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Processes Performance best options.

Processes Performance best options.

I would like to know which option gives better performance if a Computer has:

 2 Processor with 4 Core per processor , which means 8 Core Processor total.

OR

4 Processors with 2 Core per Processor, which means 8 Core Processor total

Thank you
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serialband
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Depends on what cores you have.  What speed are the cores?  How much L1 and L2 cache?  Etc...  

Basically, we need more information.
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serialband,

for your question : << Depends on what cores you have.  What speed are the cores?  How much L1 and L2 cache?  Etc...   >>

I meant in Vmware, when you create VMs and assign  Processors and Cores to them
you have options on how many Processors and Cores to assign.
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In general it does not make any difference although it's generally best to leave the cores per virtual CPU at 1 unless guest licensing is cheaper with fewer CPUs with more cores.
https://kb.vmware.com/s/article/1010184 tells why it was introduce to get around Windows max CPU count and https://blogs.vmware.com/performance/2017/03/virtual-machine-vcpu-and-vnuma-rightsizing-rules-of-thumb.html says leave it at single core unless you have to tweak it.
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You mean, put more Processors with minimum Cores ?
I am not worrying about licensing more than  performance.

I believe though it is faster to have 2 Processors with 4 Cores each than having 4 Processors with 2 Cores each.   The information flow is much more confined , it does not have to travel too much to other Sockets.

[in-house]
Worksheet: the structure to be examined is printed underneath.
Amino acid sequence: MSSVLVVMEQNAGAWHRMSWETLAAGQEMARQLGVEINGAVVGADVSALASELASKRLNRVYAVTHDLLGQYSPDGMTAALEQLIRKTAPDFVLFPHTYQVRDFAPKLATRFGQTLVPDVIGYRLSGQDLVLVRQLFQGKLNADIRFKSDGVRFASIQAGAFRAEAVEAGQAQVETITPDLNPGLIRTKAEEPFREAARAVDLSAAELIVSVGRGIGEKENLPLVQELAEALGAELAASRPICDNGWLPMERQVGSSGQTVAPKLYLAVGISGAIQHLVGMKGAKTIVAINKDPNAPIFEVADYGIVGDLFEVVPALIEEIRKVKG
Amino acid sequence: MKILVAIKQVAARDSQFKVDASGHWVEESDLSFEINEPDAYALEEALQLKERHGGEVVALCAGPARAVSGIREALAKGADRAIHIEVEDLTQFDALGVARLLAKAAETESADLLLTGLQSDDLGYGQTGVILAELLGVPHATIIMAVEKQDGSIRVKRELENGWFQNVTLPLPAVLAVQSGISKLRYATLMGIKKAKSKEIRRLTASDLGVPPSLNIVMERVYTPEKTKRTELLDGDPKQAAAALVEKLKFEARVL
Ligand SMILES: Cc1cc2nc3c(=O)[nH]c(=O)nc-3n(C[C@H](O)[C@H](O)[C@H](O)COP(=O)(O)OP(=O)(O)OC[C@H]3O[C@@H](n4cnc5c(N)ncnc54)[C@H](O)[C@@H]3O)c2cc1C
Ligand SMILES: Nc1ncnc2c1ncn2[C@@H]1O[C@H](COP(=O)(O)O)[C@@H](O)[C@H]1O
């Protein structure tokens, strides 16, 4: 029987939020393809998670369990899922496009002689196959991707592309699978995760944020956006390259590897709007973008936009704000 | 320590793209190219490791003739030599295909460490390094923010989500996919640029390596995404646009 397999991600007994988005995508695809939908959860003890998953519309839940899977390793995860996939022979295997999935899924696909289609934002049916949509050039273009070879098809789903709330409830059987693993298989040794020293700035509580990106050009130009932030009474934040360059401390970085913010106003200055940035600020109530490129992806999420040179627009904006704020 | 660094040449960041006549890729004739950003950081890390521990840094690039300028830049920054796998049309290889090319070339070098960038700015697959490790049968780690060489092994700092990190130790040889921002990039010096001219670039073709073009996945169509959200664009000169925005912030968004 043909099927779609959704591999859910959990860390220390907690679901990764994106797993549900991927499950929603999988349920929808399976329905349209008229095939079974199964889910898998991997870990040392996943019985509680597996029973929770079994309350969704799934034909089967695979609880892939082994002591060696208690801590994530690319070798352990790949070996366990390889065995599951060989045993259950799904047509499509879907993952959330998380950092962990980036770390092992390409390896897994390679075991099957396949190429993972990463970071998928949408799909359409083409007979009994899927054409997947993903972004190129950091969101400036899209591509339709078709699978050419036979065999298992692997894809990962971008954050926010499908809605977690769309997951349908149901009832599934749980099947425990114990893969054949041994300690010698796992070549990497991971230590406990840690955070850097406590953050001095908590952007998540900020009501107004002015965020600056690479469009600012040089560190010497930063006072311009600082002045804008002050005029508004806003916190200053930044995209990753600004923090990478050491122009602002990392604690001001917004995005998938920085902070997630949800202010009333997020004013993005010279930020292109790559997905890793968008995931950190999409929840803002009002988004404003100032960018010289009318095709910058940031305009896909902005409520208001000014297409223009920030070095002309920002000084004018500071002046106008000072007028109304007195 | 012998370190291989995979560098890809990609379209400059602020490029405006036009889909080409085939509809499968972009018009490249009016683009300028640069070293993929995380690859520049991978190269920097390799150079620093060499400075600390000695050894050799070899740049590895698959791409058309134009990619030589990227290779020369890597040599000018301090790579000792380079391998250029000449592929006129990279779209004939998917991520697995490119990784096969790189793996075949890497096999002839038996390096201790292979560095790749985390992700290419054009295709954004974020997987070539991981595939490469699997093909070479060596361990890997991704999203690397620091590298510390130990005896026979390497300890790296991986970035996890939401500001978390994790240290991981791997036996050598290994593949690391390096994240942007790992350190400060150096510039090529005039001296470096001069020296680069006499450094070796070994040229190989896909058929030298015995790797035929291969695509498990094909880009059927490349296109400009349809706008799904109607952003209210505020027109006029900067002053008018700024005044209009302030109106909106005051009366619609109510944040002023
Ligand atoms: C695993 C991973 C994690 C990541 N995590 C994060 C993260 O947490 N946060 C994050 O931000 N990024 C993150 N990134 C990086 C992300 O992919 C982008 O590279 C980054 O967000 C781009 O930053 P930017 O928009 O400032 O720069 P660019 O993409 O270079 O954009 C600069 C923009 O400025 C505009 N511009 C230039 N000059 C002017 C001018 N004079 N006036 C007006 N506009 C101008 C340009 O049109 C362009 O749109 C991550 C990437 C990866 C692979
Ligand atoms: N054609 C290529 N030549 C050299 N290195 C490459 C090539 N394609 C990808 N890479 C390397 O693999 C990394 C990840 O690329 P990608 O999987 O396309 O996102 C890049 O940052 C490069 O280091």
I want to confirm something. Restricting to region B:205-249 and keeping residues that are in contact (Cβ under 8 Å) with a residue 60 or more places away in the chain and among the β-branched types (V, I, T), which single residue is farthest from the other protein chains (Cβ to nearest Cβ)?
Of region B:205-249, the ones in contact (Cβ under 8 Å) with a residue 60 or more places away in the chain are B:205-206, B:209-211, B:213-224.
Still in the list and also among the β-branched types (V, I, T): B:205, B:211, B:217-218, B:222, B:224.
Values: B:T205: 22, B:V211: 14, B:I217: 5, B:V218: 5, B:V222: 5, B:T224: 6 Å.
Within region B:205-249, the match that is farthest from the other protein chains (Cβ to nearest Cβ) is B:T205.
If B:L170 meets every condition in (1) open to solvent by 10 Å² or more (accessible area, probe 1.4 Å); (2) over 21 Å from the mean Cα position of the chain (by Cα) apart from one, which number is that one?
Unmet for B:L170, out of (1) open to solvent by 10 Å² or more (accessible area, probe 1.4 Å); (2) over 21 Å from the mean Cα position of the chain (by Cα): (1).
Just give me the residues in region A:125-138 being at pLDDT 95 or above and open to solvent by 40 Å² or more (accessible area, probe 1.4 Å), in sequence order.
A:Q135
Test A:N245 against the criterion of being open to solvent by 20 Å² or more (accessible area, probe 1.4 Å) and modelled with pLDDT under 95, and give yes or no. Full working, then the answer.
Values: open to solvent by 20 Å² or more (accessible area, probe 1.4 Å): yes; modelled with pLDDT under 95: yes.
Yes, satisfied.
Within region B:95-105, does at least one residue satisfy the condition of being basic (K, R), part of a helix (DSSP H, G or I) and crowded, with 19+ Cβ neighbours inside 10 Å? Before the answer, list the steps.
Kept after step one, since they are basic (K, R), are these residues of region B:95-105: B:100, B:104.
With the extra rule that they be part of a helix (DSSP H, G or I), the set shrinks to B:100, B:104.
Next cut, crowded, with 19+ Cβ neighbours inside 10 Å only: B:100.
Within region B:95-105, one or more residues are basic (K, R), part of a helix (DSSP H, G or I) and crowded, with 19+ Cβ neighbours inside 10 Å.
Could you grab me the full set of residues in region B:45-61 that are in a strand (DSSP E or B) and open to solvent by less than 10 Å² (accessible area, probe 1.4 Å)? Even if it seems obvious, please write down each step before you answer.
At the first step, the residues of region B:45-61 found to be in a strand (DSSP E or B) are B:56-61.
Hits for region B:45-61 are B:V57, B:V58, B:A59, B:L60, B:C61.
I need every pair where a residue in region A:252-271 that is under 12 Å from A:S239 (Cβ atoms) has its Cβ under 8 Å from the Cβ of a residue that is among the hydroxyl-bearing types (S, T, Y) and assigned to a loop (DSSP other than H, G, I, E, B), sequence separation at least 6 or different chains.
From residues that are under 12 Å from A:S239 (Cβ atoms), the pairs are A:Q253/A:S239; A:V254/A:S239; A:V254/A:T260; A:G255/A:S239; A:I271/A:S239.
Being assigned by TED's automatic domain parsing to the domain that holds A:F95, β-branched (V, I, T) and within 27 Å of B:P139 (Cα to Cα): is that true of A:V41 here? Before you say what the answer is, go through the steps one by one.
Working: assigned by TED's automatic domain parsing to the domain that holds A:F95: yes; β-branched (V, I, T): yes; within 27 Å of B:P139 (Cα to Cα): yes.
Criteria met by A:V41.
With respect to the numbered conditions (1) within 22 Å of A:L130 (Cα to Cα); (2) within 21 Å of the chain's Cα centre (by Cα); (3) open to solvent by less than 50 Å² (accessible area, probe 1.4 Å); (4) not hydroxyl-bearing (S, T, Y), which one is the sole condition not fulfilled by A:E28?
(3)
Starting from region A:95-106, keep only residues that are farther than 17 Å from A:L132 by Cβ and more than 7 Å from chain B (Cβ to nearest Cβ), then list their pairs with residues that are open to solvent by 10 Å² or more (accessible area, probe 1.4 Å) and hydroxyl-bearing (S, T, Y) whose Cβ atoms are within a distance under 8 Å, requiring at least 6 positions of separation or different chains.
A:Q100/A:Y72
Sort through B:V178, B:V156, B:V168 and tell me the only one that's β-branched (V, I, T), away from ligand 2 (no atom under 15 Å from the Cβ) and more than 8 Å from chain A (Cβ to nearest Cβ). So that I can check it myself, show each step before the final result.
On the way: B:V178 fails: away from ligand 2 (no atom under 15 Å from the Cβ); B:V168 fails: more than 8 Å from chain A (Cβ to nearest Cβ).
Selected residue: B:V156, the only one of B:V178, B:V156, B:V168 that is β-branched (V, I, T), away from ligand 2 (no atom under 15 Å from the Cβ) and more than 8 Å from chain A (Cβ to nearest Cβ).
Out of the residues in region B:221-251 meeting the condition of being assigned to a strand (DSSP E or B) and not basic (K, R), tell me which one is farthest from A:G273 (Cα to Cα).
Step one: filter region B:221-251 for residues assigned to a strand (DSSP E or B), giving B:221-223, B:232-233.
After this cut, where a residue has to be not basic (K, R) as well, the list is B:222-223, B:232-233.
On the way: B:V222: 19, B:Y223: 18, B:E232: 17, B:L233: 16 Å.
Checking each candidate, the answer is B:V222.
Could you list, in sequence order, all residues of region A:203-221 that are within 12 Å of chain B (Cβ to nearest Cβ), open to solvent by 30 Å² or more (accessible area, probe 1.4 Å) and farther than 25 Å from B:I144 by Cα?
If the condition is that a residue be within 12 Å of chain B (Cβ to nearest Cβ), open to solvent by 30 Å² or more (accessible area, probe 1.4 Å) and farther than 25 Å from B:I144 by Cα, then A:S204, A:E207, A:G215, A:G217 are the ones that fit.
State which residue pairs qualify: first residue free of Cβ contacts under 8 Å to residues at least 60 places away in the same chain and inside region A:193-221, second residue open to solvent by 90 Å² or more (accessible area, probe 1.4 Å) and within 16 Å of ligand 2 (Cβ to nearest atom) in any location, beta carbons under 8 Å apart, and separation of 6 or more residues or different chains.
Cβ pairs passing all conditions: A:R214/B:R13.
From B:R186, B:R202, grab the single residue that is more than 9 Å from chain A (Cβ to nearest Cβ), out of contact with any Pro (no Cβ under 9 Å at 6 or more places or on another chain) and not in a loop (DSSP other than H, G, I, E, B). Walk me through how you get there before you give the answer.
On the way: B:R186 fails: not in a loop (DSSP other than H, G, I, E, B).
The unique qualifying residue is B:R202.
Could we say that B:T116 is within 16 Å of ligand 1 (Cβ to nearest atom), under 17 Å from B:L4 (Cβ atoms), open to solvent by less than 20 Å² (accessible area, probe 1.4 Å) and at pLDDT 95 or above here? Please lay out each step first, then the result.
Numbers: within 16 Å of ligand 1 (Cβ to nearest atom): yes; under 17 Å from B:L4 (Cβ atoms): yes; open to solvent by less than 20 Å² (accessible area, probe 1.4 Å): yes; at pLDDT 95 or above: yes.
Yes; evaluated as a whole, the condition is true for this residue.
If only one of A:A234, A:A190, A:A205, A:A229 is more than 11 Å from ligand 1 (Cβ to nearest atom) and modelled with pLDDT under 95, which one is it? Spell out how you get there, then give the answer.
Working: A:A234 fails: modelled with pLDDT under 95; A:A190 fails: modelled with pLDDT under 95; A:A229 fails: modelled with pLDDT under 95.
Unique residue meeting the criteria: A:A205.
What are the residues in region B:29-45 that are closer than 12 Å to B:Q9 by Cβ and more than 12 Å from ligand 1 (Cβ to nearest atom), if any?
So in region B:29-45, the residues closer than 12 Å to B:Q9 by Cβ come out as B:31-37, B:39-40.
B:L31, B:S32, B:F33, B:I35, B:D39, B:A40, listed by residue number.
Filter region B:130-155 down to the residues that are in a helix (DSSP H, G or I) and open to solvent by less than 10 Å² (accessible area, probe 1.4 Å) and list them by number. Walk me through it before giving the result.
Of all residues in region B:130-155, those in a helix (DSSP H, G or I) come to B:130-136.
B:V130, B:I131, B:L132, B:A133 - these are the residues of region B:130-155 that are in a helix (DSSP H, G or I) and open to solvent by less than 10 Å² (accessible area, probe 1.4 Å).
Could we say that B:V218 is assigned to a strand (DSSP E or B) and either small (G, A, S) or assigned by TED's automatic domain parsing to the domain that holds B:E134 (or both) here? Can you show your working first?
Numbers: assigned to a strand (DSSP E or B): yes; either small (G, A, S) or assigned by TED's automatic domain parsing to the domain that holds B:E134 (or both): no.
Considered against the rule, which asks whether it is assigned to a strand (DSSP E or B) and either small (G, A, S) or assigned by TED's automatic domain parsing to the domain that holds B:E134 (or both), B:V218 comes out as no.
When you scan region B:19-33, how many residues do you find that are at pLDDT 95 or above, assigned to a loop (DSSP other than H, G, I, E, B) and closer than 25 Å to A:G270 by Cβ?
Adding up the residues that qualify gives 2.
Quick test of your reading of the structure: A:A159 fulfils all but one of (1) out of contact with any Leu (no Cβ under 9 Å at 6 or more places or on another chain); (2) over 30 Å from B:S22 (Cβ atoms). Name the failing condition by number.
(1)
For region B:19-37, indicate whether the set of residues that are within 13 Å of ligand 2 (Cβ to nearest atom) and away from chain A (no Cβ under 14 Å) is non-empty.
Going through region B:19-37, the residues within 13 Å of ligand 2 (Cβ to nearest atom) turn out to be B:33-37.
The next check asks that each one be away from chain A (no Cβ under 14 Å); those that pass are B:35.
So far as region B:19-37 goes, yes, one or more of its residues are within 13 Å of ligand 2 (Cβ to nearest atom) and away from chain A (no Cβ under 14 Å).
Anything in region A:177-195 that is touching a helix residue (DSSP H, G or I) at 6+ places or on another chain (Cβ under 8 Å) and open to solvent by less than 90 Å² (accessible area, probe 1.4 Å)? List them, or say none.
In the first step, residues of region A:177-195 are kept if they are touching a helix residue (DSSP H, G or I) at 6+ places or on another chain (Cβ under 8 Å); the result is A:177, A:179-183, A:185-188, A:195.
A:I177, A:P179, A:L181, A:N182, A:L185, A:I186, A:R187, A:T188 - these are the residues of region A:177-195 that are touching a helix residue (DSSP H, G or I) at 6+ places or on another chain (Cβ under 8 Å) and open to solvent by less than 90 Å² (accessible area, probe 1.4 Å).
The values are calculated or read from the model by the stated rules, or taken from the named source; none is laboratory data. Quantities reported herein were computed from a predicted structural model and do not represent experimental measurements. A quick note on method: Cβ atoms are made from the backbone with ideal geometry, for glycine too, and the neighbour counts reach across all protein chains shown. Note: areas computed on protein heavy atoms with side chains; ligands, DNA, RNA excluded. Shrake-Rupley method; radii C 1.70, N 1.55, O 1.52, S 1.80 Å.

That is true in the physical world but does not apply to virtual sockets and processors. VMware automatically runs all threads on the same processor anyway if it can, as it says in the blog above "the vNUMA presentation under vSphere 6.5 is no longer controlled by the Cores per Socket value. vSphere will now always present the optimal vNUMA topology unless you use the advanced settings."
Most systems will work better with fewer cpus for the reasons you mentionned.

But in a vm context, you need to consider the host os as well. Vmware tends to suggest 1 core per cpu but there is quite a debate as multiple vms might compete more.

Irl, i benchmarked such setups a few time and did not end up with anything conclusive. Either solution would win depending on the context, and the difference was never that significant.


On a similar note, i also compared x hyperthreded cores vs non hyperthreaded. Turns out as long as there is more than a single cpu, or the os is not windows, turning hyperthreading off would win even when running lots of concurrent processes.
I believe though it is faster to have 2 Processors with 4 Cores each than having 4 Processors with 2 Cores each.

it really depends.

The information flow is much more confined , it does not have to travel too much to other Sockets.

it really depends on how the OS and application designed to handle multiple-task, multiple-core, multiple-thread jobs. of course, it is not wise to distribute inter-thread, inter-process or inter-core communication or data exchange across CPUs, but it is more powerful and efficient to distribute different workloads on different processors and leave inner-workload jobs on the same processor. just because of this, different kind of business will be having different characteristics in utilising computing resources, therefore different multi-processor or multi-core architecture will be designed and implemented, accordingly.

as mentioned above, you can't say which one is always the best, the best performance depends on how you utilise the architecture as per your business needs.
VMware looks after NUMA automatically so you don't have to, what you say is only relevant to non-virtualized machines.